The best airlines for overweight or obese travellers – ones with the widest economy seats
- The width of economy seats varies widely between airlines and airliner types
- With one in 12 people now classed as obese, airlines are having to think about more than just their own bottom line
Have plane seats shrunk or have passengers got bigger? The aviation industry is all about getting bums on seats, but it is not a one-size-fits-all market.
And with obesity now a global trend, airlines should have policies in place to meet the needs of larger travellers.
The World Health Organisation reports that, worldwide, obesity has nearly tripled since 1975. According to its figures, in 2016 more than 1.9 billion adults were overweight, and of those more than 650 million – around 8 per cent of the world’s population – were obese.
“Airlines should consider the needs of travellers of size,” says Tony Harrell, travel consultant and owner of Dallas, Texas-based Abundant Travel, whose job it is to find the most comfortable flights for larger travellers.
“While airline seats tend to be shrinking to maximise profit, the world’s population is becoming larger overall … travellers of size deserve a holiday as much as anyone else,” Harrell says.
So how should “plus-size” travellers choose an airline, and what other considerations are there?
“TAP Portugal, WestJet and Singapore Airlines offer the widest economy seats,” says Harrell. He points out that a passenger’s ability to get easily around an airport, making connecting flights and the length of flights are all vital considerations.
Skyscanner recommends low-cost airline JetBlue, which it claims has wider than usual seats. It also highlights the fact that some airlines (such as Air Canada) class obesity as a disability, and make arrangements for larger travellers to have different seating.
Travellers are recommended to check seat width before they book an airline ticket. The average width of an economy seat is 43cm (17 inches), though there are big variations.
TripAdvisor’s SeatGuru is the most precise resource on seat width. For short-haul flights it highlights Air Canada’s 51cm-wide (20.2 inch-wide) seats; the 20-inch-wide seats of North American ultra-low-cost airline Spirit are almost as generous.
Among Asian airlines, Bangkok Airways comes top with seat width of 19.8 inches, followed by China Southern with 19.7 inches, and Cathay Dragon (formerly Dragonair) with 18.7 inches. However, seat width varies according to aircraft type, so check before booking.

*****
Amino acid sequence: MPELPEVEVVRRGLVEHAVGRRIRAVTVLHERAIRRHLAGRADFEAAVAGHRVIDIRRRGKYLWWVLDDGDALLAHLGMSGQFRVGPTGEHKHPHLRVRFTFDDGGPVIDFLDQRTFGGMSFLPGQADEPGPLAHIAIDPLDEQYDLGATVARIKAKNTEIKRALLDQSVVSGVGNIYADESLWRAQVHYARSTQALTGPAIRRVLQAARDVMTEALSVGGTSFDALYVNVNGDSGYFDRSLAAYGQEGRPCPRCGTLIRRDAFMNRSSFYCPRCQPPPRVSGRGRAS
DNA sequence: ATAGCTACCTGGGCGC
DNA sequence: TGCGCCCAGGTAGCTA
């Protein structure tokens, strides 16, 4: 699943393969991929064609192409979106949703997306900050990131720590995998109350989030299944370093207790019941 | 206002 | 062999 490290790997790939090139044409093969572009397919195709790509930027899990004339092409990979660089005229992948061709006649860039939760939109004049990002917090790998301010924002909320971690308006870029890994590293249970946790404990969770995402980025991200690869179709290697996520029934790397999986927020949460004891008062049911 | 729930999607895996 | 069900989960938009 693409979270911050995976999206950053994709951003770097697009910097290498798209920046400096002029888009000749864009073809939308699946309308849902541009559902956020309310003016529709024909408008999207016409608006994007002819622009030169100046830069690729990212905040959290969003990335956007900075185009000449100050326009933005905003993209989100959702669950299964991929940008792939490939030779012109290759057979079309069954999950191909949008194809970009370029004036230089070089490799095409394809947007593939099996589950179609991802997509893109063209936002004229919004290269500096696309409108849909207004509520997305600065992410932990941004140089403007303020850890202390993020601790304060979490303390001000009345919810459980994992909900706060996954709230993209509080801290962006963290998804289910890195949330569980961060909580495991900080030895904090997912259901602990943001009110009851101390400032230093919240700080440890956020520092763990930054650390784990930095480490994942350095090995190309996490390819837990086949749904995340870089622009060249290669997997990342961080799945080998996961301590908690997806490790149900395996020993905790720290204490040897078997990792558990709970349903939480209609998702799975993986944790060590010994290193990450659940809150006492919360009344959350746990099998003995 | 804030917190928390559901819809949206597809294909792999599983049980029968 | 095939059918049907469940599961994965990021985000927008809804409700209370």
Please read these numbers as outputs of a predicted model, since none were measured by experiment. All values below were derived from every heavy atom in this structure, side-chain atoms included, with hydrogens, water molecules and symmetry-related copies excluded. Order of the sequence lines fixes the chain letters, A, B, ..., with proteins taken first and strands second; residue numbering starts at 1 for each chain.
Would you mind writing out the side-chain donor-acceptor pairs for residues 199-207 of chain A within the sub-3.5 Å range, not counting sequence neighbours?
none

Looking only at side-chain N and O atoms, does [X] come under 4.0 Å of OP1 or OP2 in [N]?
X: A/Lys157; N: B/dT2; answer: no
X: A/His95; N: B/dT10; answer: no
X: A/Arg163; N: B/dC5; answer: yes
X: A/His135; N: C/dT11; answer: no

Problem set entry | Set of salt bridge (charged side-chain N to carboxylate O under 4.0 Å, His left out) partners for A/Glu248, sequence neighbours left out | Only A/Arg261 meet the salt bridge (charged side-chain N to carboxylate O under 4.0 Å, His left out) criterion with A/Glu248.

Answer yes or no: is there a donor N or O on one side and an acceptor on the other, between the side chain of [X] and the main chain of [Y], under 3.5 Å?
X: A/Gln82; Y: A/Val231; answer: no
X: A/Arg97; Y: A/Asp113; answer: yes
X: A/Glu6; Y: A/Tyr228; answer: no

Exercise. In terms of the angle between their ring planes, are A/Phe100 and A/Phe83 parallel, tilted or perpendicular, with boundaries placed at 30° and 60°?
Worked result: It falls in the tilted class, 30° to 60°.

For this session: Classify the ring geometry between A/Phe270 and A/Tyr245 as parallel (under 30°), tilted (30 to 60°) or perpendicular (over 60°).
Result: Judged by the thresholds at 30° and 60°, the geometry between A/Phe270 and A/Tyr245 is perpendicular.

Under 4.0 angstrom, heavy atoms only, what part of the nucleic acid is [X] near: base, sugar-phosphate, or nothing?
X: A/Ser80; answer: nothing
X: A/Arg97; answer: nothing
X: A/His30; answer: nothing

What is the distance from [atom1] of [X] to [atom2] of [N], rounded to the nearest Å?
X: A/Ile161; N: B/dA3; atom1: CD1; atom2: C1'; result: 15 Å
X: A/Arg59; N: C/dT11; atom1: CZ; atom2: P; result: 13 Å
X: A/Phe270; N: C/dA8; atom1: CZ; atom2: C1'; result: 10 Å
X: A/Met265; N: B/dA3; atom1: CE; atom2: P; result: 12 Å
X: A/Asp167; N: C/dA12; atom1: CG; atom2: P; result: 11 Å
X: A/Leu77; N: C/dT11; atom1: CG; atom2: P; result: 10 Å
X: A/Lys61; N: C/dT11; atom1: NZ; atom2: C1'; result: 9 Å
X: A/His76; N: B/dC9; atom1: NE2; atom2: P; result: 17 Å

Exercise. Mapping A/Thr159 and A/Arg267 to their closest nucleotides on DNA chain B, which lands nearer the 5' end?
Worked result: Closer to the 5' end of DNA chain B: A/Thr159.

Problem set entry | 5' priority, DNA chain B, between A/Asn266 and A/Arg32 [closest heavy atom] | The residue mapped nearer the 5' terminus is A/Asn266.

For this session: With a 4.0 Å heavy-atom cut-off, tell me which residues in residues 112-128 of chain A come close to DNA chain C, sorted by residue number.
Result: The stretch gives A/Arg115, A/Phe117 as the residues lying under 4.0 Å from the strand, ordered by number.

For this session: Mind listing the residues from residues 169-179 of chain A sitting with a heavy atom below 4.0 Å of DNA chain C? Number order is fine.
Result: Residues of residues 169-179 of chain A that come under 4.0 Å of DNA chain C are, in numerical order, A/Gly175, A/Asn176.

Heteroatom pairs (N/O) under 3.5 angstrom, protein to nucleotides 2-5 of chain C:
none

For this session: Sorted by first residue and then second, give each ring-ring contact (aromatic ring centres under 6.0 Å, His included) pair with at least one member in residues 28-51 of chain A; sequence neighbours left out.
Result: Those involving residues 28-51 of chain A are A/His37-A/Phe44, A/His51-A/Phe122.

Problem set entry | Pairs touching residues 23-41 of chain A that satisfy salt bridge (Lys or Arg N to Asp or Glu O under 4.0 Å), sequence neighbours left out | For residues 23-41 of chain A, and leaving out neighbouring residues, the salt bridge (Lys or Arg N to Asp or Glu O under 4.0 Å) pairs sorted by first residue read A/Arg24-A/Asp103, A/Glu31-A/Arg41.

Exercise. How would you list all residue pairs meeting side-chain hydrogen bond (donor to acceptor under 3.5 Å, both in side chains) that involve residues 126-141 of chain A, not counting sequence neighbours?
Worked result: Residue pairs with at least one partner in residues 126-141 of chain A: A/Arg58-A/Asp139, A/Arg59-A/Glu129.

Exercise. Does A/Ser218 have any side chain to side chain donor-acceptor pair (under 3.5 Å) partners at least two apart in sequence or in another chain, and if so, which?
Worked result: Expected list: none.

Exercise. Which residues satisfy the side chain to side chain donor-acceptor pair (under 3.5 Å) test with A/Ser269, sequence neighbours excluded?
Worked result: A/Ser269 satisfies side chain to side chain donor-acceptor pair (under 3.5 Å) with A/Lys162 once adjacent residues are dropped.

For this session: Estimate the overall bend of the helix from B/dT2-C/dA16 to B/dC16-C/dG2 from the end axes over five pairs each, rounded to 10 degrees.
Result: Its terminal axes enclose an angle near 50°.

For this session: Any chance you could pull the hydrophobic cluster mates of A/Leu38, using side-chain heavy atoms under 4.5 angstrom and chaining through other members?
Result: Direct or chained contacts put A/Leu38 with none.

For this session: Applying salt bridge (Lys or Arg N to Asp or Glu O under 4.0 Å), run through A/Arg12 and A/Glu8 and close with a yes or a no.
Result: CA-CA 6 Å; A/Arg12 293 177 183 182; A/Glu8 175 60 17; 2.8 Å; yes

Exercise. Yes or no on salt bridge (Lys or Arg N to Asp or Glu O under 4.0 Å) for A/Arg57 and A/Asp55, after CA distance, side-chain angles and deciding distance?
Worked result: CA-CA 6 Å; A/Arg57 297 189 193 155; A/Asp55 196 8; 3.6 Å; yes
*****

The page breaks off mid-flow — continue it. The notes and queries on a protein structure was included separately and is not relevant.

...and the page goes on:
When flying long-haul – where TAP Portugal and WestJet rule with 20 inch-wide seats – some larger travellers leave nothing to chance by spending more on Premium Economy seats. These seats tend to be 18 or 19 inches wide as a general rule.
“I recommend to my clients that they consider reserving additional seating or upgrading to business or first class as applicable,” says Harrell. An empty seat next to a removable armrest is always a plus, though something that is unlikely to happen by chance given how many planes fly at capacity these days.
Alternatively, booking an aisle seat removes the need to clamber over other passengers and affords a little more leg room.
The design of airliner interiors is changing too.
“Airlines are much more considerate of the positioning and flexibility of the aisle-side armrests when installing new seating,” says Luke Miles, managing director of UK-based multidisciplinary design agency New Territory, and former head of design for Virgin Atlantic.
“The industry needs to apply universal design principles to ensure that there is comfort, accessibility, and ease of movement for each and every passenger.”
The industry is coping with the increase in the average size of passengers using a concept called “universal accessibility”, adds Miles. Seat width aside, other important factors to consider include easy luggage storage, the structure of the aisle, and how easy it is to get in and out of a seat.
An underlying problem is that economy class has been long neglected by airlines busy fitting flatbeds to business class cabins.
“There is an apparent desire to improve economy cabins, but the innovation there still feels limited,” says Miles. However, he predicts a shift towards a more bespoke, on-board service.
“Seats could be prepared in advance of the flight to accommodate your specific needs as a passenger, where the space you occupy is more finely tuned to your preferences, and ambient technology could be used to ensure that key features of your seat such as lighting, media and seating position cater towards your specific needs,” says Miles.
“The cabin image becomes less homogenous and more reflective of the diversity of the passengers on board,” he adds.